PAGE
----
Amy Jeffries

News Director

Amy started her career in public radio at WNPR in Hartford, CT more than a decade ago. NPR flew her in to Baton Rouge to help WRKF cover the aftermath of Hurricane Katrina while she was still based in the North. Here she found her journalistic calling.

After getting a Master of Journalism degree from the University of California, Berkeley and taking a detour through online media as a local editor for Patch, she finally returned to public radio and to Baton Rouge in January 2012.

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Politics
5:42 am
Fri October 17, 2014

Political Consultant: Landrieu Will Get 90-95% of Black Vote

Ben Jeffers

Wednesday at Southern University’s College of Social and Behavioral Sciences, political consultant Ben Jeffers delivered a talk about the minority vote — the black vote — as a factor in this fall’s Congressional elections.

Jeffers has been involved in national, state, and local campaigns for more than 40 years. He was the first African American to head the Louisiana Democratic Party. And he’s working with the party this year to help turn out the vote.


Education
6:22 am
Thu October 16, 2014

Magnet, Gifted and Talented Programs at the Core of St. George Fight

Dufrocq Elementary students performing at the East Baton Rouge Parish School System's recruitment fair showcasing magnet and gifted and talented programs.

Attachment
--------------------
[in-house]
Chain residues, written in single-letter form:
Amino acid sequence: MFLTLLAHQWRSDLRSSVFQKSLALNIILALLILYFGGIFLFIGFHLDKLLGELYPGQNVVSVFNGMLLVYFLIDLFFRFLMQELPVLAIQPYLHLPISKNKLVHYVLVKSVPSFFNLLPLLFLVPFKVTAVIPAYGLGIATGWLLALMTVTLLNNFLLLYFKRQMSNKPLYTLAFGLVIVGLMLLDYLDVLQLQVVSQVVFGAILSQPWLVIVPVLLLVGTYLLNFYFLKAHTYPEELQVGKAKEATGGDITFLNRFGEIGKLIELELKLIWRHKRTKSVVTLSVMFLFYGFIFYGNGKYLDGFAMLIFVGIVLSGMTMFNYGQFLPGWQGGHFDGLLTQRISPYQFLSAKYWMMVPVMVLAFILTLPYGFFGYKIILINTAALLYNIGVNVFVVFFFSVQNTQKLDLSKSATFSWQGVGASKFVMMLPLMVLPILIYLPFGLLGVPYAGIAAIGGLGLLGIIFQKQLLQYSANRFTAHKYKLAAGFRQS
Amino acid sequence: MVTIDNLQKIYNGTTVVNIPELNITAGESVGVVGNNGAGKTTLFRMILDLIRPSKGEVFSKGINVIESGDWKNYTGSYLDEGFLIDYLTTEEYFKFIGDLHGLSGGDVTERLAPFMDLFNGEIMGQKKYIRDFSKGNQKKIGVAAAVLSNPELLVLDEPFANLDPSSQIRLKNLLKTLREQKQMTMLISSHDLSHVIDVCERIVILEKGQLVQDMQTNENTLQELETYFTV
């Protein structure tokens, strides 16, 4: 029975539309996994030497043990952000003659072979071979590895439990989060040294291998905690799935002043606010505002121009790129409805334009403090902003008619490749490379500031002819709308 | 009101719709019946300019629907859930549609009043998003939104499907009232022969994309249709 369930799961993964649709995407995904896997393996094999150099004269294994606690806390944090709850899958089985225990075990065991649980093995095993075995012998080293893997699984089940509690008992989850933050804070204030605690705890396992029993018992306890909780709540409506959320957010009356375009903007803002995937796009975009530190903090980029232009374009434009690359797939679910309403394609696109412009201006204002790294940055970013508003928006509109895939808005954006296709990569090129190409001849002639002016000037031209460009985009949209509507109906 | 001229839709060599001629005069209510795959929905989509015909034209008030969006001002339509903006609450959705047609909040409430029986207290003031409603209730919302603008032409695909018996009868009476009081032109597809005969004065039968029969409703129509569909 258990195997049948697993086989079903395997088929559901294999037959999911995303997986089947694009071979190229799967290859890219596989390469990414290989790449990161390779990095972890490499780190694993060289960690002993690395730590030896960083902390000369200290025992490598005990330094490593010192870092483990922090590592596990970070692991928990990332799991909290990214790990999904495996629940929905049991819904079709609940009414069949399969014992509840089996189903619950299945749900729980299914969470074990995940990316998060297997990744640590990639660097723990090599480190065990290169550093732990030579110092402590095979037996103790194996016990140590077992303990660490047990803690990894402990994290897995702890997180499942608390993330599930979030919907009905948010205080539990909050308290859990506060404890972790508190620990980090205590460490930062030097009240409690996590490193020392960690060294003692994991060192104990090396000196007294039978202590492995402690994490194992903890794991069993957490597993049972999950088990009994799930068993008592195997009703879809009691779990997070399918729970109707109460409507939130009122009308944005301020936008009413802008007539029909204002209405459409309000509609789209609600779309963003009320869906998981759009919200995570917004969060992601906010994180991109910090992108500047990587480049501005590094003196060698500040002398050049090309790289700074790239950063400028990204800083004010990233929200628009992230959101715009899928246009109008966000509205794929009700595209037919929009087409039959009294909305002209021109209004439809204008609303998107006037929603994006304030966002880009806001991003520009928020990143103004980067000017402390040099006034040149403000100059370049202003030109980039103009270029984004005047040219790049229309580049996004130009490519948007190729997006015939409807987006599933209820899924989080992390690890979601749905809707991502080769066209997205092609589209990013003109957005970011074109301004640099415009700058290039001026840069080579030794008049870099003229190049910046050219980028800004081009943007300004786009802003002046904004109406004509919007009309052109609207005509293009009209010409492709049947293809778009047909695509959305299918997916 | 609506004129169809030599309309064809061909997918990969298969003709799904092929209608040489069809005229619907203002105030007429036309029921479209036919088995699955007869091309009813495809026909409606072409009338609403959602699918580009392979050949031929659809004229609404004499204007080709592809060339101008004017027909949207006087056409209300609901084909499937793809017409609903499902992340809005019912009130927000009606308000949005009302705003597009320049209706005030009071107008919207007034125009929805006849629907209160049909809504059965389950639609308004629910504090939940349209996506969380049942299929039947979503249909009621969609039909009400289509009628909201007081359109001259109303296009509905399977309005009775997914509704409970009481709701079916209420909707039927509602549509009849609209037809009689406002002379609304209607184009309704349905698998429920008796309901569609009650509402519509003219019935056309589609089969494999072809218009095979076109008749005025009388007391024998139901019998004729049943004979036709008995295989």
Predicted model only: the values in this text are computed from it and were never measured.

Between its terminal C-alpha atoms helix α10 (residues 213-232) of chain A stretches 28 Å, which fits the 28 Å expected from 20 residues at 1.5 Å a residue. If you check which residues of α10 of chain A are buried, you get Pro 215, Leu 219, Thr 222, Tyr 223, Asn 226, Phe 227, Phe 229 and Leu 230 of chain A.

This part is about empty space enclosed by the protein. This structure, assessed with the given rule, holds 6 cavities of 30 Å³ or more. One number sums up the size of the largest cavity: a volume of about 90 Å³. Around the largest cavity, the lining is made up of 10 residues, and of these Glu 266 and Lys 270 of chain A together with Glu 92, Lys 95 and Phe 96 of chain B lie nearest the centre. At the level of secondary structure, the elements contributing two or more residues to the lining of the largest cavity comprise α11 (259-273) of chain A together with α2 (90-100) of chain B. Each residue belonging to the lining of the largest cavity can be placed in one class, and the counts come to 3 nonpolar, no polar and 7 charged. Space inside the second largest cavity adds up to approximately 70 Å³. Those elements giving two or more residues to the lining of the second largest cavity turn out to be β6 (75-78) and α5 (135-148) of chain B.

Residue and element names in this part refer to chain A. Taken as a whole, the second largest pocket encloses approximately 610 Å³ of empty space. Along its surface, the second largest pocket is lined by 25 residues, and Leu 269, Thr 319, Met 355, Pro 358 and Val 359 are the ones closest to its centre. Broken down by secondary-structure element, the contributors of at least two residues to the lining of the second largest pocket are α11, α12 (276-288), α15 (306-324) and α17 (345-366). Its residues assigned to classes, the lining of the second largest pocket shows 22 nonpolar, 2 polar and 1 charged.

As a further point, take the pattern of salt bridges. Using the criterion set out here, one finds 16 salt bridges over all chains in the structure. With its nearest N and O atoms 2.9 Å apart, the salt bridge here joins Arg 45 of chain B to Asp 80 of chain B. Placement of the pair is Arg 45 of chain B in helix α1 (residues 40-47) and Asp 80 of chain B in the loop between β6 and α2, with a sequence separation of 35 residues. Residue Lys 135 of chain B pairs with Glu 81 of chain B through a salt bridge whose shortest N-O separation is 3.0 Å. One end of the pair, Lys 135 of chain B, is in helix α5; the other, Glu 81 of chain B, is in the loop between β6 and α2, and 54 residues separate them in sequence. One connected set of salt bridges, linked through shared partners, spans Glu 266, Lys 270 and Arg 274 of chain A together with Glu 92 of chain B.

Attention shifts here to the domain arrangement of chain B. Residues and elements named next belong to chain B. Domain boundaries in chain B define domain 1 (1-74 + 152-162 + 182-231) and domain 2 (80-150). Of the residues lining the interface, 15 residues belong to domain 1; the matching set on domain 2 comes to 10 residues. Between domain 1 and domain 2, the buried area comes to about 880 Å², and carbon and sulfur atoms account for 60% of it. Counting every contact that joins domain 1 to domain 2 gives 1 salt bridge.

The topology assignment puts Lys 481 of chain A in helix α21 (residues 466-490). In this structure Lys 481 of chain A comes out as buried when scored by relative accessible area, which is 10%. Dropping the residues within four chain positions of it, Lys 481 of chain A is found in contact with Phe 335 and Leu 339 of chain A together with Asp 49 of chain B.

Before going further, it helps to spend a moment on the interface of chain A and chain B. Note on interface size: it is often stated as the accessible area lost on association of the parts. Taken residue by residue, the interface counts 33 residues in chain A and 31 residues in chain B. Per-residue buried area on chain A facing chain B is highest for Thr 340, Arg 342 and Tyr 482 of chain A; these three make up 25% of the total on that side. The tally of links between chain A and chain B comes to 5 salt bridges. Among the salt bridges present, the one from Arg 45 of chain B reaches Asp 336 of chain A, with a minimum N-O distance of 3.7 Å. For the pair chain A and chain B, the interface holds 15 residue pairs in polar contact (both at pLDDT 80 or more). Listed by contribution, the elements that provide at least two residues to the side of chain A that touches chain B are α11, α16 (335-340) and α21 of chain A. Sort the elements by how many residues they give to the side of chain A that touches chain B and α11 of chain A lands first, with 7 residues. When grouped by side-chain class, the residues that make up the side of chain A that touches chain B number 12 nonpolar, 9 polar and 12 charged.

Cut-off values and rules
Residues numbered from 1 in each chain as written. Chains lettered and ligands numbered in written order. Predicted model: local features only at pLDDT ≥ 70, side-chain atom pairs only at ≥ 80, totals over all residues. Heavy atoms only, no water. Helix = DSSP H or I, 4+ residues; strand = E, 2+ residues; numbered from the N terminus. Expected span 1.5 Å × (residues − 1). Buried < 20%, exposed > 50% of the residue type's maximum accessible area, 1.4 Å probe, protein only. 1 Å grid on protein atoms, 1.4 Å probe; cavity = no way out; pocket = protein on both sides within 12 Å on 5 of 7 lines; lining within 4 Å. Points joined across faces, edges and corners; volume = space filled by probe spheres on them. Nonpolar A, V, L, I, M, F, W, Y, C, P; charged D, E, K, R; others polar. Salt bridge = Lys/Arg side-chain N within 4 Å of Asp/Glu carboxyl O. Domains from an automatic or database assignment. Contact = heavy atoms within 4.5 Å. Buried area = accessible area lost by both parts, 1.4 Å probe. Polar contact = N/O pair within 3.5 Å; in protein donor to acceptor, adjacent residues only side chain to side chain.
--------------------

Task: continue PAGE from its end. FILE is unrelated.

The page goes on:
Amy Jeffries WRKF

The latest applications for annexation into Baton Rouge by LSU and L’Auberge casino could cut further into the tax base for the proposed city of St. George and undermine the incorporation petition.

But supporters of the breakaway aren’t giving up.

They still want their new city, and even more so, a new school district.

Meanwhile, it’s recruitment season for the parish school district and it’s been holding open houses this week for its magnet and gifted and talented programs.

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Politics
5:31 am
Fri October 10, 2014

DHH Punts on 'America Next' Health Reform Plan, State Senator Disappointed

During the last legislative session, state Sen. Ben Nevers fought hard for the expansion of Medicaid in Louisiana under the Affordable Care Act. But ultimately, a bill to put the issue on the ballot didn’t even make it out of committee. 

But the legislature did pass another bill from Nevers, compelling the state Department of Health and Hospitals to come up with a plan for Louisiana to pilot “America Next” — Gov. Bobby Jindal’s alternative to Obamacare. 

DHH put out their initial report in response a few weeks ago.


Culture
5:12 am
Fri October 10, 2014

Constance Navratil: Stalwart Defender of Classical Music, Founder of WRKF

Connie died Monday after a car accident. She was 84.

The final broadcasts of LSU School of Music Presents that she recorded will be heard Sunday evenings at 7 p.m. throughout the month of October on WRKF.


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Health
4:24 pm
Mon October 6, 2014

Abortion Restriction on Hold in Louisiana, Shut Down Clinics in Texas

A requirement that doctors providing abortion have admitting privileges at a hospital within 30 miles has yet to take effect in Louisiana, while a legal challenge is pending.

Texas started enforcing a very similar restriction last November. Half the abortion clinics in that state immediately closed.

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Politics
3:12 am
Fri October 3, 2014

With SLFPA-E Nomination, Fate of Lawsuit and Levees Hangs in the Balance